October 20th, 2020

Protection from Domestic Violence

If you are the victim of domestic violence, you can be free from abuse. Whether or not you live with your abuser, you can seek protection from domestic violence in several ways. Keep reading to see which one best fits you and your situation.

Defining domestic violence

Before we explain how to protect yourself from domestic violence, let’s first define the term.

Previously domestic violence was termed “intimate partner violence,” but it now extends to abusive acts committed by family and household members, These members include current and ex-spouses, dating partners, siblings, parents, and other blood relatives.  Additionally, note that it covers those in heterosexual and same-sex relationships, and does not require sexual intimacy or shared living arrangements. It can also address a one-time or frequent occurrence.

While less prevalent, this type of violence can start during teen dating, not just in adult relationships, It impacts about 25% of females, 14% of males. Some violent acts may be minor, but the Pennsylvania Coalition Against Domestic Violence reported 112 people died from these incidents in 2019.

How can you seek help and protection?

Protection from Abuse Order (PFA)

A Protection from Abuse Order, or PFA, in Pennsylvania can be sought to protect the abused and other loved ones from an abuser. A PFA may safeguard you from economic, emotional, psychological, physical and sexual forms of abuse, as well as threats and stalking.

To obtain one, you can apply with your local courthouse (click here for Lehigh County, here for Northampton County). “Local” can apply to where you live, the abuser lives or where the abuse occurred. Once a judge hears your case, you may receive a temporary order, which can be finalized after your abuser has an opportunity to present their side of the story. The judge will also decide the length of the PFA, with the longest allowable length being 36 months.

While you don’t need a lawyer to obtain a PFA, it may be helpful, especially if the accused has one and argues against your request.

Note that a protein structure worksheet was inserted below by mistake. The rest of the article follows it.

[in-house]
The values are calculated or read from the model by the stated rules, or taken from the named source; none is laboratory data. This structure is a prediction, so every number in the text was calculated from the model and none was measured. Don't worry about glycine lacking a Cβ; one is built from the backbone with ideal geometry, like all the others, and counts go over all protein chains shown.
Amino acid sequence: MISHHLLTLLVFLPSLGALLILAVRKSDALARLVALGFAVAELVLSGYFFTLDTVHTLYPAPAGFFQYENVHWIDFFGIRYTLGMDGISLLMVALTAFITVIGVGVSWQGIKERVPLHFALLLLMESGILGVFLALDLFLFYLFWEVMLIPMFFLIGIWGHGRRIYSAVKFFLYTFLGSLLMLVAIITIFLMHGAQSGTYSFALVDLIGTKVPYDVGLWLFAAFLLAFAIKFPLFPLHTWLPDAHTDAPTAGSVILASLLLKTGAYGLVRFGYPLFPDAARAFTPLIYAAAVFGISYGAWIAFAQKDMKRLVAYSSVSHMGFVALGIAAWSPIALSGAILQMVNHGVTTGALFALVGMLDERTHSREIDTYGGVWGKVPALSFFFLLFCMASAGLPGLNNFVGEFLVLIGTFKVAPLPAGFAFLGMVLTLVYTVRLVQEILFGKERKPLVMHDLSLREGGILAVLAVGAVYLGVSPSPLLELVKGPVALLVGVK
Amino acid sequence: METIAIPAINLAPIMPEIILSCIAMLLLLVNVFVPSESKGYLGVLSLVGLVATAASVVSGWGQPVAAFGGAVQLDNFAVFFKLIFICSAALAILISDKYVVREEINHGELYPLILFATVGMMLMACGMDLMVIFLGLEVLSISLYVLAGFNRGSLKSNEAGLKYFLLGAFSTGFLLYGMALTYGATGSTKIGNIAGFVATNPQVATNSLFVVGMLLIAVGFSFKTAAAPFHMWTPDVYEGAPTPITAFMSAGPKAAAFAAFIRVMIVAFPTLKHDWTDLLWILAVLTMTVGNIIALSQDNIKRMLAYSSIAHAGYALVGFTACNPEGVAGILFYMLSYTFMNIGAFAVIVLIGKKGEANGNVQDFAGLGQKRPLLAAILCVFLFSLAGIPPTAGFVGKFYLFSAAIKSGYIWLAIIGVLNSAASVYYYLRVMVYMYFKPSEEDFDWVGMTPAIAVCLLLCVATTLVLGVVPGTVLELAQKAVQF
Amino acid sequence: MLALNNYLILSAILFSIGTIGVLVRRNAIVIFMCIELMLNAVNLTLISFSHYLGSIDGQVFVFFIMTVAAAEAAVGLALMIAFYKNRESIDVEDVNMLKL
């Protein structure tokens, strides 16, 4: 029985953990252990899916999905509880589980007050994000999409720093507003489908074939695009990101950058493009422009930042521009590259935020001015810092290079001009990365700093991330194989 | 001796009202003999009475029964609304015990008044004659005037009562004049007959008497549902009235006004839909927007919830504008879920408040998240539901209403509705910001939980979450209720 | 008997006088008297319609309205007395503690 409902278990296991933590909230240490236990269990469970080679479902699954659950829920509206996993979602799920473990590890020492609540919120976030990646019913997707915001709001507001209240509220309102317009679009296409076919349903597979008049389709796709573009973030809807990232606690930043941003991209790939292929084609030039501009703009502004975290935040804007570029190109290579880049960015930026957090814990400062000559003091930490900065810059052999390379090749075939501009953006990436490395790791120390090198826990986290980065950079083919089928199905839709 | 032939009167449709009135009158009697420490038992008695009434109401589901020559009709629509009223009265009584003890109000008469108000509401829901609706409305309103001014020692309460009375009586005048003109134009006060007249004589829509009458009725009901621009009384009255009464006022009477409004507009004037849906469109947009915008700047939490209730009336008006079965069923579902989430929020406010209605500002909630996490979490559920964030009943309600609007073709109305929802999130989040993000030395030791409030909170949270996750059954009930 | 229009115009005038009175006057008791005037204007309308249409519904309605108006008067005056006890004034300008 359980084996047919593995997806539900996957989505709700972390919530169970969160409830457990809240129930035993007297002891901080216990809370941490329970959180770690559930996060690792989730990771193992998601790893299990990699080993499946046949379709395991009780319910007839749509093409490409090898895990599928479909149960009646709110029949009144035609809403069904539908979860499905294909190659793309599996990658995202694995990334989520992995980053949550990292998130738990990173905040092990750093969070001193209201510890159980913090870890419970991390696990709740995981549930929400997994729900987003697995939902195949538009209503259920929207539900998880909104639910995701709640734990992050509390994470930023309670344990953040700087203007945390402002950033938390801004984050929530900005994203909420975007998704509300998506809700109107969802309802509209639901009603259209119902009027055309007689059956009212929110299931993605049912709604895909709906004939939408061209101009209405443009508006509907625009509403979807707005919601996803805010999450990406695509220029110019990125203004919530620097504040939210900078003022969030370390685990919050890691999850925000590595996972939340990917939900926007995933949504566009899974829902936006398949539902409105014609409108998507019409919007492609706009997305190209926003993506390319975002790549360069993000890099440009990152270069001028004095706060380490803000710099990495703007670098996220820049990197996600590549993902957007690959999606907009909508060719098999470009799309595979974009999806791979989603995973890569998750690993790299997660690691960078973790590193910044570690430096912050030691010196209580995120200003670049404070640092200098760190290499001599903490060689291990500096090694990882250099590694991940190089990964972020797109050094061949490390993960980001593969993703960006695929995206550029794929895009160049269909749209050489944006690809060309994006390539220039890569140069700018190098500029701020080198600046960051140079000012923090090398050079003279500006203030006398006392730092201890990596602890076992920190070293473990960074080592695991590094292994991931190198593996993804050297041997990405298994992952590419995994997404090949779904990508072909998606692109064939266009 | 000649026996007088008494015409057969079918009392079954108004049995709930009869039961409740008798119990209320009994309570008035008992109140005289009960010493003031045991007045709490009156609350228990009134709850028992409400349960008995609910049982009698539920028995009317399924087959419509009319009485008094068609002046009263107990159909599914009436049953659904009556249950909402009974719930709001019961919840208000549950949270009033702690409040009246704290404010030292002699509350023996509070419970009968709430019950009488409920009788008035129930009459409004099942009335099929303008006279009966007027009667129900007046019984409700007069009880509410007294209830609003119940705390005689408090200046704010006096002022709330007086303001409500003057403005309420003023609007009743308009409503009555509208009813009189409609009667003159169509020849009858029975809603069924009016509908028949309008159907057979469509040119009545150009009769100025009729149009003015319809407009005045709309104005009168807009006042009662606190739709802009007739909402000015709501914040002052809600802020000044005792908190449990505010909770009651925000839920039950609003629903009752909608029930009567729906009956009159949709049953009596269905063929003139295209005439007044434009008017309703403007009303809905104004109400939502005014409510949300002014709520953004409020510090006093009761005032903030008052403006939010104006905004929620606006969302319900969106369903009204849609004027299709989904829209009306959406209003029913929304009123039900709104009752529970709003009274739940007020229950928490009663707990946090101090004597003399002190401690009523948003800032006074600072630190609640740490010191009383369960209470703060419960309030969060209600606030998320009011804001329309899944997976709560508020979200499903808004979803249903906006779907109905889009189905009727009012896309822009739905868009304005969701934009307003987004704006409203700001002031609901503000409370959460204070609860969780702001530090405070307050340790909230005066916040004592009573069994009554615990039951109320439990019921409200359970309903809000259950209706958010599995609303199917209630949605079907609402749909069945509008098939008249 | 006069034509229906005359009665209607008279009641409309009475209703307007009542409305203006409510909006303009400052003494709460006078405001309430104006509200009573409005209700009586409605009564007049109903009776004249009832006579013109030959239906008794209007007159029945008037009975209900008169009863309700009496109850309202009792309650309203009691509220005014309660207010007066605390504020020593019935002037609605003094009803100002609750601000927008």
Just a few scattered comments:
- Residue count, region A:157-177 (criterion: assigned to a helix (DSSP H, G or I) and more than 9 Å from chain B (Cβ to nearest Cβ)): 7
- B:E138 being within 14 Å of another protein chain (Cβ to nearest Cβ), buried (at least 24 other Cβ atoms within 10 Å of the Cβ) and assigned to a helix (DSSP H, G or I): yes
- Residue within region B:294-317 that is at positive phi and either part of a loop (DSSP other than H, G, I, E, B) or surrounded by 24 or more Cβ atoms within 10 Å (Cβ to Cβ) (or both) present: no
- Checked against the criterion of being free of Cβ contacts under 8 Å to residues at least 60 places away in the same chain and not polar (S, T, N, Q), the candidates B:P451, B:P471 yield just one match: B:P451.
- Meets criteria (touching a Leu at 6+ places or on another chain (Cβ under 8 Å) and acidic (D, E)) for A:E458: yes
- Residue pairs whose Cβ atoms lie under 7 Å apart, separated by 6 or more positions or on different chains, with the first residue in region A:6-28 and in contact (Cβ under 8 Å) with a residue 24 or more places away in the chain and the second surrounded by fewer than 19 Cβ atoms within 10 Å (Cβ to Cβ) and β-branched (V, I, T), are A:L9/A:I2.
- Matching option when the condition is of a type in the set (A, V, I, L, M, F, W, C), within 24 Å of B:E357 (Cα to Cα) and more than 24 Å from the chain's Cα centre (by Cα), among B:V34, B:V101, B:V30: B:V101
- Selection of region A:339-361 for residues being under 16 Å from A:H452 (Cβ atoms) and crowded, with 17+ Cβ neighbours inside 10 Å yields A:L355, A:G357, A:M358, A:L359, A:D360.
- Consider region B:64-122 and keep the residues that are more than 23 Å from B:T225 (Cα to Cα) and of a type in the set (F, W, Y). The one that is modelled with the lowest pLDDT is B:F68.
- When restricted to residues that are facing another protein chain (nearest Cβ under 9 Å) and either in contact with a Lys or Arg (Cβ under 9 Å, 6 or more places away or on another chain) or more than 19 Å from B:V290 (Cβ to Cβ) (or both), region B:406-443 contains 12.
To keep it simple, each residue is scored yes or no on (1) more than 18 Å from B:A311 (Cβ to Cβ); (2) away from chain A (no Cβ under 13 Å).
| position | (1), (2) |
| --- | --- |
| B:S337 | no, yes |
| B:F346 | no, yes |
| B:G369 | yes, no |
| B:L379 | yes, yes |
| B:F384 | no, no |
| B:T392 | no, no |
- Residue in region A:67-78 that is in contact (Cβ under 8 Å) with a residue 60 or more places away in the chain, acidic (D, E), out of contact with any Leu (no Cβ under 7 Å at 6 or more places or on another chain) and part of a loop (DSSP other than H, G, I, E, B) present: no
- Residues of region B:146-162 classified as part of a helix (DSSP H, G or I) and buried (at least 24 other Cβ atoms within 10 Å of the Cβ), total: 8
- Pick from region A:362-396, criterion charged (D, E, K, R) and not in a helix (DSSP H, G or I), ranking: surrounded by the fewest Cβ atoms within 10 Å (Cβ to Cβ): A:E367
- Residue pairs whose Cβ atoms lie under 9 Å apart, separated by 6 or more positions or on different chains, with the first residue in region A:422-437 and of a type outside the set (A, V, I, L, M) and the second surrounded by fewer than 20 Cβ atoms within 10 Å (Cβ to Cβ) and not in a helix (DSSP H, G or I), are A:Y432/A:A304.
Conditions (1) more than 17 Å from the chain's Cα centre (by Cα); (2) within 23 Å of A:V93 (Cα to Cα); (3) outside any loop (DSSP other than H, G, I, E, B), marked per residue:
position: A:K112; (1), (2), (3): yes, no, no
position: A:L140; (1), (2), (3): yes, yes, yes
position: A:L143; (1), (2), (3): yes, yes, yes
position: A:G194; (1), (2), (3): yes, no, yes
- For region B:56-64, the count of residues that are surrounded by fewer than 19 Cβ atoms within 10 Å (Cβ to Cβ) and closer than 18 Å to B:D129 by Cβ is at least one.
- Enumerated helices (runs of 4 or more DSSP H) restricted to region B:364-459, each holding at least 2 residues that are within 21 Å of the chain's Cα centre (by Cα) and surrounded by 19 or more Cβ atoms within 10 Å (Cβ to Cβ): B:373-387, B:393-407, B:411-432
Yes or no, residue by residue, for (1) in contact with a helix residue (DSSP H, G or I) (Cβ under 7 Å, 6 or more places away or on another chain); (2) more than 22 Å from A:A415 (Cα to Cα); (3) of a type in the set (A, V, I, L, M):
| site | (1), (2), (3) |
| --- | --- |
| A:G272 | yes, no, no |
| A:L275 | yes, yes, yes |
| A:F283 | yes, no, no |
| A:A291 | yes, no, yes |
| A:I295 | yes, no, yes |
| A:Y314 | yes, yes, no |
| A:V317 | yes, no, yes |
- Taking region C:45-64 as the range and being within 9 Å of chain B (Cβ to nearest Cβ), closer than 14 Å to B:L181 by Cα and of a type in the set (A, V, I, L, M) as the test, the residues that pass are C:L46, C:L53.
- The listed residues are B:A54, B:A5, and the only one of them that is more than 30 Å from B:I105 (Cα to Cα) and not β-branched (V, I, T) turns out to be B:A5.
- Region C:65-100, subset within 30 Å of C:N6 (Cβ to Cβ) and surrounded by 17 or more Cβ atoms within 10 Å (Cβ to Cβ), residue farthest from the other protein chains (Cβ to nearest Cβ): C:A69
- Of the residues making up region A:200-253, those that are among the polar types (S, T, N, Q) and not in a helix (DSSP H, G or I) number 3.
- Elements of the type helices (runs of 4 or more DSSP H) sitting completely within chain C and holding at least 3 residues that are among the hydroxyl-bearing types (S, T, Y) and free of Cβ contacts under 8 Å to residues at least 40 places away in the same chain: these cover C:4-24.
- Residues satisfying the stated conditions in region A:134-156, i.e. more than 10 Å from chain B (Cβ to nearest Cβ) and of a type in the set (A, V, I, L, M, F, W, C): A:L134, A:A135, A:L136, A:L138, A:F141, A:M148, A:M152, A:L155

What does a PFA do?

If you are a parent, a PFA also protects your children. Under PA Domestic Relations law and in addition to granting relief from abuse, the Order can also require the accused to:

  • relinquish custody rights
  • leave your shared home
  • stop all contact with you
  • lose ability to own or acquire a firearm
  • cover losses that resulted from the abuse

Other types of protection orders

Perhaps your abuser isn’t a family member and doesn’t live with you. While you can’t apply for a PFA, there are protection orders that may work in your particular circumstances.

A Sexual Violence Protection Order (SVPO) is available to adults and minors against a non-family member. The accused may be an acquaintance, co-worker, friend or even a stranger. It protects victims from sexual violence or abuse, even if criminal charges have been filed against the perpetrator. Learn more about them and how to apply for them here.

If you are a minor and being stalked or harassed by a non-family member, you may apply for a Protection From Intimidation Order (PFIO). Once you have a PFIO, the perpetrator may not enter your home, place of employment or school. Additionally they may not directly or indirectly contact you. It’s not a criminal charge, but rather a way to stop further intimidation. If a PFIO is violated, charges may be pressed.

Consult your local county court to apply for these orders.

Supportive programs

Any of the above types of abuse should not be allowed to continue. While it may be a scary situation, there are organizations to help you navigate the process!

In Pennsylvania, please check out the Pennsylvania Coalition Against Domestic Violence to find a local resource. Help centers provide free services like counseling, legal guidance and shelter for domestic violence victims and their children.

Should your protection order be challenged or lead to criminal charges against your abuser, you may also want to consult a domestic relations attorney.

A former prosecutor, Constance K. Nelson counsels families and individuals facing domestic matters including the aforementioned protective orders, custody, divorce, adoption, alimony and more.

The content found in this resource is for informational reference use only and is not considered legal advice. Laws at all levels of government change frequently and the information found here may be or become outdated. It is recommended to consult your attorney for the most up-to-date information regarding current laws and legal matters.